GF sourdough starter

Gluten Free Sourdough Starter: How to Activate It

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Gluten Free Sourdough Starter: How to Activate it

If you have received some Gluten Free Sourdough Starter, it most likely came to you dehydrated. You probably want to get baking with it as soon as possible, so I am here to help you do just that. Let me be the first to welcome you to the world of Gluten-Free Sourdough!

how to wake up dehydrated gluten free sourdough starter bread

Step by Step Instructions to Bring your Gluten Free Sourdough Starter to Life

Dehydrated gluten free sourdough starter flakes
Dehydrated Gluten Free sourdough starter flakes
  1. Once you have received your dehydrated GF sourdough starter in the mail, take the flakes out of the packaging and add them to a pint-size mason jar. Add 2 ounces of purified water. (See tips at bottom of post)
Gluten free sourdough starter
Add 2 ounces of purified water to the dehydrated flakes

2. Give it a stir. This will take some time for it to fully rehydrate, so don’t expect it to be a paste after one stir. Continue to let it sit, and stir every time you walk by. It will start to get softer and more liquid with time.

Cover it with a small cloth or paper towel, secured with a rubber band. This keeps it clean but also lets it breath.

3. Once it has come to a paste-like texture, add 1 tablespoon of GF flour and stir it to combine. Congratulations! You just feed your new pet. Give her a name, and yes she is a woman because she is the mother of all the starter to come.

Activated Gluten Free Sourdough Starter
Activated Gluten Free Sourdough Starter

4. Wait about 24 hours. If your house is cold, it may take a bit longer to fully awaken, to get bubbly. If your house is warm, it may happen faster.

5. Once those 24 hours have passed, feed it again with another 1 tablespoon gf flour and 1 tablespoon of purified water. You should start seeing more activity and bubbles soon, showing that it is happy.

6. 12 hours later, feed it again. 1 tablespoon GF flour, 1 tablespoon purified water, and stir. Transfer it to a new clean mason jar to deter mold from joining the party. We only want good microbes here.

Gluten Free sourdough starter dehydrated and active starter on white marble

That should do it!

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You now have an active, happy gluten-free sourdough starter! You will now continue feeding her daily. Use the 1:1:1 ratio guide till you get to know her better. For example, if you now have 1 cup of starter, feed it 1 cup of GF flour and 1 cup of purified water. (A kitchen scale is highly suggested for this part of the process but also for making GF Sourdough Bread.) Now, this will lead you to understand the power of compound interest. The next day, if you haven’t baked anything yet, you will need to feed it around 2 1/2 cups of GF flour and water, leading the following day to be more and more.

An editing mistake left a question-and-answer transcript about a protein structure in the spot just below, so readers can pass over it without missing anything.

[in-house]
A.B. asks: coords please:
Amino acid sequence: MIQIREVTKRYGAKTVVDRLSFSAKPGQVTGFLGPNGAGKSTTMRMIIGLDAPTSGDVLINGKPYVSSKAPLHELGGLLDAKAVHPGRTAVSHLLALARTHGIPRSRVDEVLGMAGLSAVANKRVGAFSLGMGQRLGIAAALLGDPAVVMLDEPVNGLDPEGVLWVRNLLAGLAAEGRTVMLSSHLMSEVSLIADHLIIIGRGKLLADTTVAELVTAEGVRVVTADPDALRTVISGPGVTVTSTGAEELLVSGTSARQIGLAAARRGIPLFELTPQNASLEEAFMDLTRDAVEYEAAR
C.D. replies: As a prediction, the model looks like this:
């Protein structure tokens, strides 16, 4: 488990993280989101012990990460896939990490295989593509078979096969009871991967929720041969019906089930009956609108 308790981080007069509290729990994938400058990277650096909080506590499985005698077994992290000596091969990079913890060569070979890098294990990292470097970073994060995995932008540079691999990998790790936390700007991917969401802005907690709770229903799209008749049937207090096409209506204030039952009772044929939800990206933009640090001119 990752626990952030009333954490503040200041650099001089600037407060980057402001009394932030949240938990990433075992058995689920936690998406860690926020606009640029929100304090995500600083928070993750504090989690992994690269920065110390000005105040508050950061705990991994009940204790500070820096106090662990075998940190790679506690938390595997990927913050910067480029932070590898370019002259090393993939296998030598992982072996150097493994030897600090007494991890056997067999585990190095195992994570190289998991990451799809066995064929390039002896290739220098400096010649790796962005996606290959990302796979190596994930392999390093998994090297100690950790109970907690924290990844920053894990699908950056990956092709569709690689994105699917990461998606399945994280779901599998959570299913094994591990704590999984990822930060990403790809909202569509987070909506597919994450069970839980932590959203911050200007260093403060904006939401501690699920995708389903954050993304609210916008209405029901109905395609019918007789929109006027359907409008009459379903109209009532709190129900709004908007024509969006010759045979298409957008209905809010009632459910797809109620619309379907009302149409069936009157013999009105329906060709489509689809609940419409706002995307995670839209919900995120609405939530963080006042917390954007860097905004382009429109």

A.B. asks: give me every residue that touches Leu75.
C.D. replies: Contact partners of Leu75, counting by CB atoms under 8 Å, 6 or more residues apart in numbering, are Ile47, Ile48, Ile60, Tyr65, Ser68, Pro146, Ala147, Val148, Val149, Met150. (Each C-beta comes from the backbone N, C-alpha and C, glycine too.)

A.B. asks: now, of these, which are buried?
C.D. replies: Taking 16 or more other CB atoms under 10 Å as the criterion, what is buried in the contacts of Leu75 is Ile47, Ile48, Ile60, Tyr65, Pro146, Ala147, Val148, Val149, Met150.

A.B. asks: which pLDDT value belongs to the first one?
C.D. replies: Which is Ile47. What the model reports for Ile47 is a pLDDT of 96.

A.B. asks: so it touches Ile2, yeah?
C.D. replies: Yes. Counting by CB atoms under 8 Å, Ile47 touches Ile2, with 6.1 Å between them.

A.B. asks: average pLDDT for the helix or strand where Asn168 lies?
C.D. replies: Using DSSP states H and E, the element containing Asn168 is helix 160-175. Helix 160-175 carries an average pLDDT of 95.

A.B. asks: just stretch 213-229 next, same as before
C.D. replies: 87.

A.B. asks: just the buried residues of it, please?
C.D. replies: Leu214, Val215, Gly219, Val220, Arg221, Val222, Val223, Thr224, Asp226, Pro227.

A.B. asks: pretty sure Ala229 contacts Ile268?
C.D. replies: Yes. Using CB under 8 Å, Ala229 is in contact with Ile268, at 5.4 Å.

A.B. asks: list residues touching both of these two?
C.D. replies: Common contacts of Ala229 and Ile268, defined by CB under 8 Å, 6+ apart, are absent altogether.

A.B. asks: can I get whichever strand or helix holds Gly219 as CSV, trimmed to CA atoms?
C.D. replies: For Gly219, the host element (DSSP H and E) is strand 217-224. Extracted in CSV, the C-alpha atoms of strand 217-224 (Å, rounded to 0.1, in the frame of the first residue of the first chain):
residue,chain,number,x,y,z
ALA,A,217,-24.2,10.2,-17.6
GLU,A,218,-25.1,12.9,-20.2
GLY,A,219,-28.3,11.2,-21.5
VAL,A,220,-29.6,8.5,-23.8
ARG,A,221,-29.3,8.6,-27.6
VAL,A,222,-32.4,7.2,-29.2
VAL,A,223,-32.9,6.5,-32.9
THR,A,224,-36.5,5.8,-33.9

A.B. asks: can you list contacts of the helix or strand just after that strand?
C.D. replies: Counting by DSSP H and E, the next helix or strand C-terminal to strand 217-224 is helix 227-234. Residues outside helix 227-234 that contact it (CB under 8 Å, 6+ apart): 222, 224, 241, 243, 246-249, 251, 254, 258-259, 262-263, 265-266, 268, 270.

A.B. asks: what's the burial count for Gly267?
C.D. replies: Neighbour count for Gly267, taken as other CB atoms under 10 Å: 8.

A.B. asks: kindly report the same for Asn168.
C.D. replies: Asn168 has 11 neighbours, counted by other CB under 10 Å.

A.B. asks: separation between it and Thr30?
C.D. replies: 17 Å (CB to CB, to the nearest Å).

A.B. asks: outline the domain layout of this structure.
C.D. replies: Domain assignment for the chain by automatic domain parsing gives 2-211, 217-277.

This is why people have recipes for sourdough starter discard. You don’t really want to be throwing food away, but removing some helps you not have so much to feed daily. I have made muffins, waffles, and crackers, but my favorite uses for the extra starter is pizza crust and sourdough skillet. Getting the GF version of those up on the blog will be happening soon.

Now once you get to know her more, you will find that GF Sourdough Starters do not need to be feed like typical sourdough with the 1:1:1 ratio. It is a bit more forgiving and as long as you give it some daily love, she will be just fine. Be looking for signs of activity like bubbles and growth.

Once it is well established if you prefer you can keep her in the fridge. Doing this helps to slow down the fermentation process. So you can feed it just once a week. Then you only need to pull it out a day or two before you plan on baking. Feed it the day you bring it out to the counter and continue as normal.

You will soon be on your way to baking and cooking up delicious creations.

gluten free sourdough bread loaf GF

Tips for Gluten-Free Sourdough Baking

Only use purified water. I am on city water that has chlorine added, so we have a Berkey water filtration system. Before we had that though, I would buy gallons of purified water at the grocery store. Chlorine kills microbes.

(Another reason to not drink it with out filtering it. If you are curious as to what I do to help my families gut health, click here)

Gluten-Free Flour: I use the King Arthur Measure for Measure Gluten-Free Flour mix. I have found it to be the best for price and gives good results with my GF Sourdough Bread recipe.

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